THE pages -- not more than half a score -- devoted by Seignobos to Napoleon's rule in his Histoire sincère de la Nation française are characteristic. Seignobos wrote this pleasing little book towards the end of his life, about 1930. He was a university professor in Paris and had made a name for himself by his dry, but able and independent, history of civilization, and by his excellent volume about the period of Napoleon III in Lavisse Histoire de la France contemporaine. 'Dry' is also the epithet one might apply to his Histoire sincère; it lacks every flight of imagination and has neither colour nor warmth of style. Yet it is not the word which occurs to one in the presence of a work so unpretentious, in which a man with extensive knowledge and who has reflected much, indicates the connections and consequences which, in the course of his study, have gradually impressed themselves upon him as the essentials, a man, moreover, who, without any straining for effect, always calls things by their names.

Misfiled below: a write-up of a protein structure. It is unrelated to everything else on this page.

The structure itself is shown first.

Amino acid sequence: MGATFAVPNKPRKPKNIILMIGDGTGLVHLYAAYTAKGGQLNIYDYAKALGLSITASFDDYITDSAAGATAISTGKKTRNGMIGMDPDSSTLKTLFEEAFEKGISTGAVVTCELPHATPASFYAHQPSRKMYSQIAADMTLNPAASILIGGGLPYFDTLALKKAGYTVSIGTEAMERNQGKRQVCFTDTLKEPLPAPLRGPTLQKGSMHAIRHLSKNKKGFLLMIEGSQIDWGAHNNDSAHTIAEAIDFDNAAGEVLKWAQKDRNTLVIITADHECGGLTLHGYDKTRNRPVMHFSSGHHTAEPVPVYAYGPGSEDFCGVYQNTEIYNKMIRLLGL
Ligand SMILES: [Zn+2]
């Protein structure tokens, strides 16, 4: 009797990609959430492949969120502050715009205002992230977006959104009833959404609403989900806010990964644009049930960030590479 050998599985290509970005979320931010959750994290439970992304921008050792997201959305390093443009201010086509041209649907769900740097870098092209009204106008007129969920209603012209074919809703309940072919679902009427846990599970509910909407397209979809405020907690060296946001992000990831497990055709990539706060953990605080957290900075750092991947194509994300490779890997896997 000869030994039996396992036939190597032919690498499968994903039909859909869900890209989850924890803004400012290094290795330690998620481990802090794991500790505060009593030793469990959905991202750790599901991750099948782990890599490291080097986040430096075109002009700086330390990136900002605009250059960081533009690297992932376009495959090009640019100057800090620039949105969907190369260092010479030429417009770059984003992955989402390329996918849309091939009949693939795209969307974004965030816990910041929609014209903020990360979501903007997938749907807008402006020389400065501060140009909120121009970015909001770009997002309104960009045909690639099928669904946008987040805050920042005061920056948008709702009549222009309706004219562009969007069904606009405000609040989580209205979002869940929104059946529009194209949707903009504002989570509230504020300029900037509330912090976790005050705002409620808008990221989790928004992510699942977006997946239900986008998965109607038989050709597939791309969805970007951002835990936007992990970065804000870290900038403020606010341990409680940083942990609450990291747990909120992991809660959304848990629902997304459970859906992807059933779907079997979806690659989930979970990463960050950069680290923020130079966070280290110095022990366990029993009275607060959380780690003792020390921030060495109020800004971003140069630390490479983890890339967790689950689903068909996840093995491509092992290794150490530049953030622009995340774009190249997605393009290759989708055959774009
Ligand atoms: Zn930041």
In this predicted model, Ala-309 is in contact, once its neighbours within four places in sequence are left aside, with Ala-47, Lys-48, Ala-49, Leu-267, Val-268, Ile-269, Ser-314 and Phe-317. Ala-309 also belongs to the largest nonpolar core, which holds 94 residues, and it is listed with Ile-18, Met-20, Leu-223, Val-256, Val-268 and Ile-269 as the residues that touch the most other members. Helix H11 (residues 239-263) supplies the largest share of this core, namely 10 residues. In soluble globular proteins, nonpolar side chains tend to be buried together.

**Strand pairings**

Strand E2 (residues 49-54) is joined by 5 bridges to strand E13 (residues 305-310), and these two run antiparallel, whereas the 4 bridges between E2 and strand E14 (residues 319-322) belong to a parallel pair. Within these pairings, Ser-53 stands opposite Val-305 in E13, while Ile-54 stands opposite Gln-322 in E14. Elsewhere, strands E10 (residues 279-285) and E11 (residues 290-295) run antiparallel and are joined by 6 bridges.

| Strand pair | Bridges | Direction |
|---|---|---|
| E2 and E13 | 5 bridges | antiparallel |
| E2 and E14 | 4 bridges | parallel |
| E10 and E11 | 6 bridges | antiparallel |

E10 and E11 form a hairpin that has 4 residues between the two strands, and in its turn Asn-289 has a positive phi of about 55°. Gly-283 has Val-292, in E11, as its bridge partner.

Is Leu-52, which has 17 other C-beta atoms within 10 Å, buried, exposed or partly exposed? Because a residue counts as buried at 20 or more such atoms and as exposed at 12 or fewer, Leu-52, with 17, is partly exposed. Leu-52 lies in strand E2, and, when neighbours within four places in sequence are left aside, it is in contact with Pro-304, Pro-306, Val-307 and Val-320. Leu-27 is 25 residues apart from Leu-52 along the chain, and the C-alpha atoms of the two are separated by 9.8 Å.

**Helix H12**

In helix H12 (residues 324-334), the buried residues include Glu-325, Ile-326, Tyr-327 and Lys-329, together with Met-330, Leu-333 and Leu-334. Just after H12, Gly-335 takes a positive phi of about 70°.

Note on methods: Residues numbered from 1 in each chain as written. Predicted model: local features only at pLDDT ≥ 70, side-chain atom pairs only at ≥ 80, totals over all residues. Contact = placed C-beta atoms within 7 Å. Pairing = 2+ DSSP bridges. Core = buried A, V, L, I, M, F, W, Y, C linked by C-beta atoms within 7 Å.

It will appear in a moment that he starts from a definite philosophy of life, and also that, judged by this philosophy, Napoleon does not cut an advantageous figure. Even before introducing him upon the stage, Seignobos wonders whether the chaos in public life and in finances which is alleged to have existed in France under the Directory, has not, like the licentiousness, 'been exaggerated in order to enhance the importance of Bonaparte's work of reorganization'.1 As regards the administrative system which, though it was introduced under the Consulate, cannot be considered as Bonaparte's work, because in those early days he had to leave such measures to the experts, Seignobos concludes his description with these words: 'A centralized system of government agents, opposed to the regime of elective self-government created by the Revolution. The nation had no longer any share in the conduct of its affairs or in the choice of its local leaders. The____________________